Maritime mysteries and mummified heads - Mauritius corresponds with the Director
By: Helen Hartley - 15/11/2010
Discover how an effort to improve my French led to an entertaining scientific journey to 19th Century Mauritius.
The Directors' Correspondence collection contains items written in languages other than English. Normally we rely on the help of volunteers - usually willing friends or colleagues - to translate them for us. However, in a continuing struggle to improve my French, I decided to take on the translation of some printed documents sent to Sir William Jackson Hooker from Mauritius.
Extract from the Proceedings of the Natural History Society of Mauritius from 1831
The proceedings of the Natural History Society of Mauritius from 1830 to 1833 were sent to Hooker while he was a Professor at the University of Glasgow. The Society was established in 1829 by the naturalists Charles Telfair, Julien Desjardins, Louis Bouton, François Liénard, Wenceslaus Bojer and Jacques Delisse. The first meetings were held at the home of Telfair, the Society's President, but links were soon made with scientific societies in Africa, India, Australia, and Europe and, within a year, many eminent scientists around the world could be counted among the Society's corresponding members.
Charles Telfair and Wenceslaus Bojer, President and Vice-President of the Natural History Society of Mauritius.
The proceedings of the meetings are full of information on weird and wonderful scientific discoveries of the time. Descriptions of newly discovered plants and animals were given; meteorological and geological observations were discussed; members read essays on anything from marine algae to a case of liver fluke found in the stomach of a cow.
Illustration of Colvillea racemosa Bojer from Vol 61 of Curtis's Botanical Magazine, a description of which was read at a meeting of the Natural History Society of Mauritius.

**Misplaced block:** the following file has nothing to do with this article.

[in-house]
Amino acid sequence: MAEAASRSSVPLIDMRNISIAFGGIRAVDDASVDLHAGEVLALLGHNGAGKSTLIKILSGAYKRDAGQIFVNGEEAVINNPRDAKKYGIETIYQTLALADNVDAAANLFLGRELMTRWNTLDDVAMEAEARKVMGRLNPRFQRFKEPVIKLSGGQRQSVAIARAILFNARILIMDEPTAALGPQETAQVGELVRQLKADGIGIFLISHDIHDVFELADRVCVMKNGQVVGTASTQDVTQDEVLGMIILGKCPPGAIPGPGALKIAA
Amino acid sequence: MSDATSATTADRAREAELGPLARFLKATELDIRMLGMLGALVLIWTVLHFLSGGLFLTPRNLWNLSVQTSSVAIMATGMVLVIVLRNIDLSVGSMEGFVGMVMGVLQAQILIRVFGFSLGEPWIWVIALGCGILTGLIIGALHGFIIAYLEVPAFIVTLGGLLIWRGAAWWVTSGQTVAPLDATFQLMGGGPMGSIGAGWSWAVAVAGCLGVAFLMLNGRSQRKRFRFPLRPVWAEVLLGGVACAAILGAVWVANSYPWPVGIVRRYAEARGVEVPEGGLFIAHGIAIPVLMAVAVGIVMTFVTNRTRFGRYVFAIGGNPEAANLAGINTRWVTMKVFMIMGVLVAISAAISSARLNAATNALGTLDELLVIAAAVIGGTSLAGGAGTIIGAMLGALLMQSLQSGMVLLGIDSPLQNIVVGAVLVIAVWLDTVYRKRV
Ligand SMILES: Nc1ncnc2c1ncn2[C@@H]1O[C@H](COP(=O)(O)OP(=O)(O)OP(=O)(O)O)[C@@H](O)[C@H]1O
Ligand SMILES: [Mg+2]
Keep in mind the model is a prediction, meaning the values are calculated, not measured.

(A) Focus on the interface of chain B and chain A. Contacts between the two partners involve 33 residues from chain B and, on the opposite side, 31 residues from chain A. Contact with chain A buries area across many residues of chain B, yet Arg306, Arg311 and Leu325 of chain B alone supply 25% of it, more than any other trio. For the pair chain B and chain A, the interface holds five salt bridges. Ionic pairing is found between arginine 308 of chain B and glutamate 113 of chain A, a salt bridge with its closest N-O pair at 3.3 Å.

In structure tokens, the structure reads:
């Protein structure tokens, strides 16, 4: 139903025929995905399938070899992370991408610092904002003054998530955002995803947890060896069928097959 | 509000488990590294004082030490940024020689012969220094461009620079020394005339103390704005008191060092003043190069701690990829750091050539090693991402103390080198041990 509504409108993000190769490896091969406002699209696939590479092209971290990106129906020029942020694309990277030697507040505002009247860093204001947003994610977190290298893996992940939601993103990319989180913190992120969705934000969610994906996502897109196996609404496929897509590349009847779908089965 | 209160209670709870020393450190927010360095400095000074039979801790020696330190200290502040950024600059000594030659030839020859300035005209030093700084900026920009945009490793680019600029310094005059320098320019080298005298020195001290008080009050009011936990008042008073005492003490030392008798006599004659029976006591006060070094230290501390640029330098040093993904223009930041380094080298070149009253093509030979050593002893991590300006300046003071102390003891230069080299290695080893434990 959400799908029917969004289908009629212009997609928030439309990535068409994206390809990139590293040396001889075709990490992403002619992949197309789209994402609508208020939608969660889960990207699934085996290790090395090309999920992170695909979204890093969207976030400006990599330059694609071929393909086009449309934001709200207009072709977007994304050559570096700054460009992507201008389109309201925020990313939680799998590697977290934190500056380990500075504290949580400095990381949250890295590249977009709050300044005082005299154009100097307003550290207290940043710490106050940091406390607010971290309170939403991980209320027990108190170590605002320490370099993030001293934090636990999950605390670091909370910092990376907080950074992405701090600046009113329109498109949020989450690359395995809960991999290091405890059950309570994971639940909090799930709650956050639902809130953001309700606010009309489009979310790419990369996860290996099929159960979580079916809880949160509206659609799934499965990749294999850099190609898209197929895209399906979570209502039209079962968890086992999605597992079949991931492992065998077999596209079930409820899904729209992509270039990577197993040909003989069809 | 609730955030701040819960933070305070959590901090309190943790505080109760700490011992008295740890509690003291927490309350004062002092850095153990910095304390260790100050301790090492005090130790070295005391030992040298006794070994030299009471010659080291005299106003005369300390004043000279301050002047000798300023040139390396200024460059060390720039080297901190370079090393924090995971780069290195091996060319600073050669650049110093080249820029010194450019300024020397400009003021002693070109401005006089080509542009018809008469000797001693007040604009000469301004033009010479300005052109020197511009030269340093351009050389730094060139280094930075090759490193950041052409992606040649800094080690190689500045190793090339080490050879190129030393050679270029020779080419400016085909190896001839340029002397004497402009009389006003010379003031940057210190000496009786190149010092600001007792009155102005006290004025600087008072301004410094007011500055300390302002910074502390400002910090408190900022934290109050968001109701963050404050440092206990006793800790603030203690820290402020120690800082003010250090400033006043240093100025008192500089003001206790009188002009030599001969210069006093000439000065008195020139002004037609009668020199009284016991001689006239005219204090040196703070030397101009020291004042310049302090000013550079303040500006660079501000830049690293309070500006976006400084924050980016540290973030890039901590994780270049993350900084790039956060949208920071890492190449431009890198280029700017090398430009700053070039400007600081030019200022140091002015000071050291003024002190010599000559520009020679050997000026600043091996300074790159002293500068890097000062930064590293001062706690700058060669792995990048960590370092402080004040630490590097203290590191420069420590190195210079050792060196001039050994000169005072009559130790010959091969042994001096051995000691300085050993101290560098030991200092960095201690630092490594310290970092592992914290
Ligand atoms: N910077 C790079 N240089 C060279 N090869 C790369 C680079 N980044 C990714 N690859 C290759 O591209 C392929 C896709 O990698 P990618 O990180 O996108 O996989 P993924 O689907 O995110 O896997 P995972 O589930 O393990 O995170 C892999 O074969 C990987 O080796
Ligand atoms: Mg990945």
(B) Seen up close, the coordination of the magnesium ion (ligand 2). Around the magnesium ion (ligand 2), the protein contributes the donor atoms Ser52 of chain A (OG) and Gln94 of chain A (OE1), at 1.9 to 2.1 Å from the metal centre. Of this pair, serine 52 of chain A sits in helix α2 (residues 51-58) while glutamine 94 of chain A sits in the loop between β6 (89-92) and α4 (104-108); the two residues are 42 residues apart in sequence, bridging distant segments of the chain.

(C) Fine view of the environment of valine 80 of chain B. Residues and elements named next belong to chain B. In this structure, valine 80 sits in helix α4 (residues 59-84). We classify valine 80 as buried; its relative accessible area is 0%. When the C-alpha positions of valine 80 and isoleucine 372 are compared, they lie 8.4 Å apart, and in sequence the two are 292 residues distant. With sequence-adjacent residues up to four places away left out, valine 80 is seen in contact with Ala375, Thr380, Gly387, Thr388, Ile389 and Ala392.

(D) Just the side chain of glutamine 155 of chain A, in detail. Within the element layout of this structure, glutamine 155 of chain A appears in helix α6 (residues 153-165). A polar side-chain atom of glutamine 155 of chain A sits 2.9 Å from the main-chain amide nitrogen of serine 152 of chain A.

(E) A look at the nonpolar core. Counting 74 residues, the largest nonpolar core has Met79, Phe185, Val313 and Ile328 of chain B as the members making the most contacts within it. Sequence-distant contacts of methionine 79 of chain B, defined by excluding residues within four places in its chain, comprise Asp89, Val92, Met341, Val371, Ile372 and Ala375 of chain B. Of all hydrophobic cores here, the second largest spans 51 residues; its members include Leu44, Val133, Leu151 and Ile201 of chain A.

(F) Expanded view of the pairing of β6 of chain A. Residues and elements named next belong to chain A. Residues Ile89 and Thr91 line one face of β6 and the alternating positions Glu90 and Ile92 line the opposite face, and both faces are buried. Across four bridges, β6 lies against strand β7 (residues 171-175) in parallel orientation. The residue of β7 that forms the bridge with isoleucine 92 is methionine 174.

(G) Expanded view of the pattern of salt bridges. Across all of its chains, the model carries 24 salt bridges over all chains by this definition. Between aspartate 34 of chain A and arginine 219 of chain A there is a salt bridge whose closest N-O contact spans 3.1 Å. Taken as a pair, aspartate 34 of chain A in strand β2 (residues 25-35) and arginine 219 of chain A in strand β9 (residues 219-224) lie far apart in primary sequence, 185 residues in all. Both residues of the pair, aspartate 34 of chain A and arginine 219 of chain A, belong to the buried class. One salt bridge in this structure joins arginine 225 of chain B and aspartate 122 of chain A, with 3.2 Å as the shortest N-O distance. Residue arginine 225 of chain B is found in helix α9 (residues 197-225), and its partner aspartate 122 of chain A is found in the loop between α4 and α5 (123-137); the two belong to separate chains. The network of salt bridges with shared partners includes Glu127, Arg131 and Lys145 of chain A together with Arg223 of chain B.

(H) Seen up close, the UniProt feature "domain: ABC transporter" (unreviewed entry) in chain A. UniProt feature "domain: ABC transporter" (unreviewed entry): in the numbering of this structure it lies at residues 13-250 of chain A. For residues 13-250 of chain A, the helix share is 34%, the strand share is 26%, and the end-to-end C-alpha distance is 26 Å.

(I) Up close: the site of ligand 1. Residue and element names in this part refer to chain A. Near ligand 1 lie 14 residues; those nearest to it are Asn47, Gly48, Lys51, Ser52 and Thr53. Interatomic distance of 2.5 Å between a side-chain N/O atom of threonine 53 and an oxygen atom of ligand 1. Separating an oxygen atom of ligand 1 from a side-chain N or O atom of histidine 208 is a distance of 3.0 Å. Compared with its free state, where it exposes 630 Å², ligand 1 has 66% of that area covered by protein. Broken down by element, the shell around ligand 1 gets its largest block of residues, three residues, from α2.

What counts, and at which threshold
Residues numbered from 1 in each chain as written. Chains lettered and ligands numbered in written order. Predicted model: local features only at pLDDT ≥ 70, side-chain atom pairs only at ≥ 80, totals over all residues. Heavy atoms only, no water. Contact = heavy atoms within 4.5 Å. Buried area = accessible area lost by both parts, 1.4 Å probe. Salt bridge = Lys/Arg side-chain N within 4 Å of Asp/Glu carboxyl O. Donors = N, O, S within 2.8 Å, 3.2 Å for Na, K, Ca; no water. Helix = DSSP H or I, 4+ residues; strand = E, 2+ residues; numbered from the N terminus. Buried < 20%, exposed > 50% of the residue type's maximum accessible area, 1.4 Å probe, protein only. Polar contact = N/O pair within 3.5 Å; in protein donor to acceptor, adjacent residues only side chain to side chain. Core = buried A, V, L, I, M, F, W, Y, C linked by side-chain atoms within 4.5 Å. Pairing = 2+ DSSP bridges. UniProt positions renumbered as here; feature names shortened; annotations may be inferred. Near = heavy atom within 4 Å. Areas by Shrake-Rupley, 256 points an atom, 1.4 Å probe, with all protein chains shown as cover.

My favourite passage was a discussion of Nauscopy: the ability to predict the arrival of ships before they are visible on the horizon. This 'science' had gained popularity in Mauritius at the end of the 18th Century when a Monsieur Bottineau successfully predicted the arrival of ships, claiming that he could see the effect they had by looking at disturbances in the atmosphere. The subject was raised at a meeting of the Society by a Mr R. Barry, who cited observations made by Captain Scoresby in Greenland; the Society agreed to examine the matter further [DC Vol.53 f.44].
Objects of Natural History
No 19th Century society of Natural History would be complete without some bizarre specimens. Many stuffed or preserved birds and animals were received at the meetings. A resident of Mauritius donated a young female dog with six legs, preserved in alcohol; apparently the poor animal had lived for several days! Human specimens, particularly skulls, were not uncommon: Captain Foreman of Sydney kindly donated the mummified head of a New Zealand chief. Captain John Briggs, also of Sydney, presented the rib of a New Zealand woman obtained from a cannibal feast in which he had been invited to take part. Mr Briggs also presented a young boy he had taken under his wing, having rescued him from a sacrificial death in New Zealand [DC Vol 53 f.48]. I think the boy was alive when he was 'presented', but perhaps this is where my knowledge of French let me down!
Mauritius Natural History Museum
In 1846, the Society changed its name to The Royal Society of Arts and Sciences of Mauritius. Objects donated to the Society, supplemented by the personal collections of Julien Desjardins and Louis Bouton, became the basis of the Mauritius Natural History Museum. The museum today is situated next to the Jardin de la Compagnie in Port Louis and is famous for another unusual specimen: the only complete skeleton of a dodo.
- Helen -
- All of Kew's African and Latin American Directors' Correspondence is available to view online via JSTOR plant science and more Asian content is being added all the time.
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